As a study of one prescription fish oil, GlaxoSmithKline’s now off-patent Lovaza, reported negative results, some experts continued to express optimism about Amarin’s ongoing Vascepa trial.
The evidence base around fish oil has always been mixed, and the negative results from the large Lovaza trial only added to that. In the study, called ASCEND, patients taking the prescription fish oil plus aspirin and patients taking a placebo showed no differences in cardiovascular events and death rates.
The trial, results of which were announced at last week’s European Society of Cardiology meeting, followed more than 15,000 people over seven years. But researchers concluded the differences between the two patient groups were not significant enough to prove efficacy. Other fish oil studies have reached similar results.
Despite the setback for this type of fish oil, some experts and analysts still believe Amarin’s seven-year study of its own prescription-grade fish oil, Vascepa, could be successful. The differences between the two studies, these experts argue, mean that one negative result does not forebode another.
Amarin’s trial, called REDUCE-IT, is expected to report results by the end of September. But the company was quick to point out differences between this unsuccessful trial and REDUCE-IT. The pharma company outlined these differences in a statement on Friday.
Vascepa, to start, is a different formulation than Lovaza. Vascepa contains only one type of omega-3, EPA, while Lovaza contains two types, EPA and DHA, the latter of which tends to raise “bad” cholesterol and may offset some of its potential benefit, according to some experts. Vascepa also contains a higher dose of EPA omega-3 than Lovaza—four grams of EPA compared to 465 milligrams in Lovaza, nearly nine times more.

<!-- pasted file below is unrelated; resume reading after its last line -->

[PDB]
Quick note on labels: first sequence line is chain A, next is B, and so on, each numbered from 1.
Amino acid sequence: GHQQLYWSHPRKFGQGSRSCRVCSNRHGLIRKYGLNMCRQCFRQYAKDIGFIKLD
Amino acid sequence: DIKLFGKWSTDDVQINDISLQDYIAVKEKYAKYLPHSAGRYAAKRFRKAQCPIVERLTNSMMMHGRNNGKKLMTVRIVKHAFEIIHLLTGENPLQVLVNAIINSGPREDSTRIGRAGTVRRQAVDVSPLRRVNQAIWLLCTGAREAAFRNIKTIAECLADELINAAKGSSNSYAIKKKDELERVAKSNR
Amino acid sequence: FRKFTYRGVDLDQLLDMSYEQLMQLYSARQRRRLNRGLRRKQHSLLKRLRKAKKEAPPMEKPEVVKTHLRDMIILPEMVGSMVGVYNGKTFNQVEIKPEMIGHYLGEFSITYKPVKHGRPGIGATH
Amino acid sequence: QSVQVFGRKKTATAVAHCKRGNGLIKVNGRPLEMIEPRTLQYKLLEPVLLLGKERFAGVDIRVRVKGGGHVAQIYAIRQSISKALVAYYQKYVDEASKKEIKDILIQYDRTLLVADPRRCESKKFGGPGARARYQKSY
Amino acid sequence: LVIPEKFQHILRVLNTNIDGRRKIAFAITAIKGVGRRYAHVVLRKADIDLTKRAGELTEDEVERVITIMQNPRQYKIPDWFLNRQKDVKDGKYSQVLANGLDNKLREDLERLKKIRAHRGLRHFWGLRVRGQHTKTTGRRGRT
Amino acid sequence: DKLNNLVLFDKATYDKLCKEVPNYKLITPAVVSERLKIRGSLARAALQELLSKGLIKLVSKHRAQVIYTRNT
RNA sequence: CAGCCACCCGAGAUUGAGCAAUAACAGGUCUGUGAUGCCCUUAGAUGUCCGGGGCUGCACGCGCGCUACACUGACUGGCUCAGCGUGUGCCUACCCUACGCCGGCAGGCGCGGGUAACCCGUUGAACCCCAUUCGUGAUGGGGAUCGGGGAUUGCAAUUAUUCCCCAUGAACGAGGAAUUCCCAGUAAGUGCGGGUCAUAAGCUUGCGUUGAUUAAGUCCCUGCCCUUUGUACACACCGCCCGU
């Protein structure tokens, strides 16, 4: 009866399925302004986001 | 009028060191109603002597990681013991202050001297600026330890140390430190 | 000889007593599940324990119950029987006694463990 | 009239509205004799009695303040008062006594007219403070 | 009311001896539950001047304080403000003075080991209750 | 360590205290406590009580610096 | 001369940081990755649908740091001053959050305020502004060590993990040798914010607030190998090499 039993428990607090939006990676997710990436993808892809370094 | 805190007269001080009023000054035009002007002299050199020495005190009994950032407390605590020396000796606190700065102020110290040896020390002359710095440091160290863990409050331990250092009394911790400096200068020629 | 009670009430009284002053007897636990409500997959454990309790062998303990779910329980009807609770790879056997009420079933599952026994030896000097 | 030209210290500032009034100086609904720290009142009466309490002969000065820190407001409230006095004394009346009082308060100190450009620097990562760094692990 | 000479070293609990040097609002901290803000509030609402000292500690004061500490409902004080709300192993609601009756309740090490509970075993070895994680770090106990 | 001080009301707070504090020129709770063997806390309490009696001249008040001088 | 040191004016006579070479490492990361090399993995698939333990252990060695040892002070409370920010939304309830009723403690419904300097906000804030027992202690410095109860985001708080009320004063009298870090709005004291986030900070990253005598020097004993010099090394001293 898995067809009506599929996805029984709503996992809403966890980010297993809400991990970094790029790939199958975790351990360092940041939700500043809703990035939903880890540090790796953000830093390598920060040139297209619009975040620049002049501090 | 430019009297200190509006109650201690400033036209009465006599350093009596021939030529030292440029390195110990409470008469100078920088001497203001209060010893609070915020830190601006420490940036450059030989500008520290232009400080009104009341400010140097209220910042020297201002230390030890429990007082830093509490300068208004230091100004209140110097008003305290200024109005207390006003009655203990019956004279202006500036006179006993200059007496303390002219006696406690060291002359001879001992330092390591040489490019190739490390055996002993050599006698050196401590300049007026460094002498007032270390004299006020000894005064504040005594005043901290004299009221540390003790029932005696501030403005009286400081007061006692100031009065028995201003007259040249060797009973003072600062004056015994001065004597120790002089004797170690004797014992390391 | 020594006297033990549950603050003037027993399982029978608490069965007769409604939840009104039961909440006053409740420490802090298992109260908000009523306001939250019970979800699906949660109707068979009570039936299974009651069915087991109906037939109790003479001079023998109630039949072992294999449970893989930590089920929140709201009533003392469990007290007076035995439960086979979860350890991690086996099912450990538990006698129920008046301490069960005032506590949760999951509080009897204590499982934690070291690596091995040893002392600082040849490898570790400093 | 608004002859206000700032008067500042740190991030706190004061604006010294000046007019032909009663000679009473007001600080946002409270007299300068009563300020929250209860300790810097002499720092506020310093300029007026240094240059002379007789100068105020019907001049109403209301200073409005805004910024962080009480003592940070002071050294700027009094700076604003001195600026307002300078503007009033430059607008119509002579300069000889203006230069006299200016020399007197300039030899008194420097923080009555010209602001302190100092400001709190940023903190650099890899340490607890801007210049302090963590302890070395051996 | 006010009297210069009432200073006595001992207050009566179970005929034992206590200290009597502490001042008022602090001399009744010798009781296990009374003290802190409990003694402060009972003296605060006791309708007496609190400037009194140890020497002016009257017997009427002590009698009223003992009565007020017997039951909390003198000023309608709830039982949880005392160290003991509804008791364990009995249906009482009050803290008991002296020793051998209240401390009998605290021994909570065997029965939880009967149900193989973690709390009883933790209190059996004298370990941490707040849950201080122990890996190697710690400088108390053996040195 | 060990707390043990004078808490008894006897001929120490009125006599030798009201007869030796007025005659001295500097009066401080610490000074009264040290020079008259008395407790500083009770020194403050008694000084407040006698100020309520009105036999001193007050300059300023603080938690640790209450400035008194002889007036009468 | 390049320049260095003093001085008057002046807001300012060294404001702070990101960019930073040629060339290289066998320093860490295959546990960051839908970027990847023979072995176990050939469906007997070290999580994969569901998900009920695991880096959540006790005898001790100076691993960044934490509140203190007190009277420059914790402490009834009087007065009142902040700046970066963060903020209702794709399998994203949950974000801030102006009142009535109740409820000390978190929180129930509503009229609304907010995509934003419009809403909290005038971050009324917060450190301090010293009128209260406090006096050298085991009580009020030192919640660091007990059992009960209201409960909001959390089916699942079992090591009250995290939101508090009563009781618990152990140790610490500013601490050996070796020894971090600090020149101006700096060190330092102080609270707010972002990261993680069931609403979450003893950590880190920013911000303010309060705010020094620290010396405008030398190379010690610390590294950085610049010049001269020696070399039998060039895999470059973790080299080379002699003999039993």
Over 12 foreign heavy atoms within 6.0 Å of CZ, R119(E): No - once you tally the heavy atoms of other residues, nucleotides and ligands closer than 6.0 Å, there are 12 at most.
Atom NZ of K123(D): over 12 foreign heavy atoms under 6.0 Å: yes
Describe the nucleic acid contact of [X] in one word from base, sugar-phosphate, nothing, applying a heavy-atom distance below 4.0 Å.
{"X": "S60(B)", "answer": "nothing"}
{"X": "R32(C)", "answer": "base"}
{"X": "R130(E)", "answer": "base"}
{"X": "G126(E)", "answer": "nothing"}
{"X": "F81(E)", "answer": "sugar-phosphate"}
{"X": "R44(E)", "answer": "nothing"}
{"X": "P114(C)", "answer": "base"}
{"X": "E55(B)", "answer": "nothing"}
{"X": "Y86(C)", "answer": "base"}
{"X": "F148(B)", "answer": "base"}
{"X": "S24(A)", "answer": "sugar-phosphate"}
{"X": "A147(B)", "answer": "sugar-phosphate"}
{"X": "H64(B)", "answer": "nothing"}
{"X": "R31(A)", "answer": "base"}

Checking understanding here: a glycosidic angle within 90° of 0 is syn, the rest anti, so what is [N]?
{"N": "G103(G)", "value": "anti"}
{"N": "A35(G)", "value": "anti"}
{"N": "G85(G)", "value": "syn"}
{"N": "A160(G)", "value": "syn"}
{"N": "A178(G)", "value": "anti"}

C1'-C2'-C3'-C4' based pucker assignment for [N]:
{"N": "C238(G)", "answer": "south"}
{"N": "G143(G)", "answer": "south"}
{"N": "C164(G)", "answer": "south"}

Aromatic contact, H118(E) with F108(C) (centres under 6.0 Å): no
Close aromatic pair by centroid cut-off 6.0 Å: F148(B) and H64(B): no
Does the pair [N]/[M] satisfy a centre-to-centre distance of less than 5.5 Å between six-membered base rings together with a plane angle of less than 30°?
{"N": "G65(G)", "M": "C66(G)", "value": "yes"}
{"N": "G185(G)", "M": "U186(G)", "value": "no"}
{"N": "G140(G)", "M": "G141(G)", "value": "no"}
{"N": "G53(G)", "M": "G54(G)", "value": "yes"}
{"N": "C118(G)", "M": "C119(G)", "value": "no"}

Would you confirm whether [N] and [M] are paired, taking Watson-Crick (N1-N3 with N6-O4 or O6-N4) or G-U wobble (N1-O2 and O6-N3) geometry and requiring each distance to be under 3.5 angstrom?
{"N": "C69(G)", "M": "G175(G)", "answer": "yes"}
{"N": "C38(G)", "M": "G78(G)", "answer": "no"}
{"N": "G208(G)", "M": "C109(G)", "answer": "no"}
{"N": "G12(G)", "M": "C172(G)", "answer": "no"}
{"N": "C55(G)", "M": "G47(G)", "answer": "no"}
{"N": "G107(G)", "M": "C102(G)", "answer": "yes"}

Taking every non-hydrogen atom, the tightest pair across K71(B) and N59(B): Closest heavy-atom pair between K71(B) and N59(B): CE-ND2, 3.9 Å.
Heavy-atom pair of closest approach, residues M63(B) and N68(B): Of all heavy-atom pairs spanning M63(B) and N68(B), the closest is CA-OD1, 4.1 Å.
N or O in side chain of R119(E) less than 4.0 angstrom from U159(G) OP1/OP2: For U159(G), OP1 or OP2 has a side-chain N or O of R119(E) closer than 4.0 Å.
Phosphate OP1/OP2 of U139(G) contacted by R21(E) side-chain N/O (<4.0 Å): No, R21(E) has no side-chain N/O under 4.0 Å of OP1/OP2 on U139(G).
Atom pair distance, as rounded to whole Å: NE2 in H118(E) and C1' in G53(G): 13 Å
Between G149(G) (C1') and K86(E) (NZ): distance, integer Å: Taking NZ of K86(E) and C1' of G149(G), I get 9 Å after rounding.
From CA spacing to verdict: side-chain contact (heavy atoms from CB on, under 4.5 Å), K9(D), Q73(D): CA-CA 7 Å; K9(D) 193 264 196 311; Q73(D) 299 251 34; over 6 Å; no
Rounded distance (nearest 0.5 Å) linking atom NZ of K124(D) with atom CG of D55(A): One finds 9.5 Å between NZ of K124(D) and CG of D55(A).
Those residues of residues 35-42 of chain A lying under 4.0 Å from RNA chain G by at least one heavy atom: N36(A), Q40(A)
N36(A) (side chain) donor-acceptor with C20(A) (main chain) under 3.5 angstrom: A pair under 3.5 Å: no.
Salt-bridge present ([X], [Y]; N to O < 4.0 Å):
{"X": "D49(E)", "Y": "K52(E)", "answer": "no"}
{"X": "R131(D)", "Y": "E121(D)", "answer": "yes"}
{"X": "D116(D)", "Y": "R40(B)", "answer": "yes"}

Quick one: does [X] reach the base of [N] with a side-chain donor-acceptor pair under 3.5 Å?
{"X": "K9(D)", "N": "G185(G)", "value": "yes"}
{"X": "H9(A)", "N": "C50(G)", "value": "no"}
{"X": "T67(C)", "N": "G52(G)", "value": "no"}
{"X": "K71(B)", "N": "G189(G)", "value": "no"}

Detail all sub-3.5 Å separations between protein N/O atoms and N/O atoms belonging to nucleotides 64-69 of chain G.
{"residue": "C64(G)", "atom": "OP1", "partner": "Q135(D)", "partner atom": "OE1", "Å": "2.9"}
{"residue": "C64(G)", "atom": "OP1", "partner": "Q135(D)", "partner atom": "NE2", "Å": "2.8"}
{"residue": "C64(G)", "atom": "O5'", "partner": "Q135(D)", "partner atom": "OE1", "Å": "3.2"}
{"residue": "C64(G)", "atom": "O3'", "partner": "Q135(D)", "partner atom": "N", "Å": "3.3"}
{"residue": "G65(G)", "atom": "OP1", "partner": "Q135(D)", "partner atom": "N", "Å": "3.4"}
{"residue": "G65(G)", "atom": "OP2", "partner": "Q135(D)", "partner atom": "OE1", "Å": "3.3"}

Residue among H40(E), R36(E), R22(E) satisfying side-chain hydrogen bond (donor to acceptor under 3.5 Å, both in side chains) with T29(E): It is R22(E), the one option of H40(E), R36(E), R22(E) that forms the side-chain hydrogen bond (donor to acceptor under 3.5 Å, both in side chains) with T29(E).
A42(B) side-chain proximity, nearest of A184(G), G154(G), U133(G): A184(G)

The trials also studied different patient populations. REDUCE-IT is studying adults with high risk of heart attack and stroke, while the Lovaza study only looked at patients with diabetes. Amarin believes that omega-3s are likely to be more successful in patients with a higher risk of cardiovascular events.
Jefferies analysts largely agreed. In an investor note, released Tuesday, they wrote that the ASCEND results have “little to no” bearing on REDUCE-IT. The analysts gave the Vascepa trial a 55% chance of success.
Yet, other experts maintain that the Lovaza trial should be the last indicator needed to justify abandoning clinical use of fish oil for primary heart disease prevention, due to the evidence.
Dr. Harlan Krumholz, editor-in-chief of the The New England Journal of Medicine’s Journal Watch Cardiology, wrote after the ASCEND results that, “People may quibble over the dose (higher doses do tend to lower triglyceride levels), but if we are to adhere to evidence, it is past time to move on from [omega-3] fatty acids for the primary prevention of vascular events.”
Dr. Sanjay Kaul, attending cardiologist at Cedars-Sinai Medical Center in Los Angeles, also remains “skeptical” about Vascepa, though he believes the trial could still be successful given its focus on a different drug and population.
“REDUCE-IT enrolled patients at high risk for [cardiovascular disease] and is using a much higher dose of a different type of [omega-3],” Kaul wrote in an email. “Aspirin [dosed along with the omega-3 in the ASCEND trial] does not have much of a favorable impact in primary prevention, including patients with diabetes, but it does provide value in secondary prevention. So, it is possible for Vascepa to provide benefit in this high-risk cohort provided there is sufficient lowering of triglycerides. However, I remain skeptical!”
Despite the negative Lovaza results, Amarin believes their study is “the ‘right’ drug, at the ‘right’ dose in the ‘right’ patient population,” the company said in its statement.
A Jefferies analyst note from earlier this month showed how much Amarin stands to gain from a successful Vascepa study. If the REDUCE-IT study is positive, Vascepa could reach up to $2 billion in sales at its peak.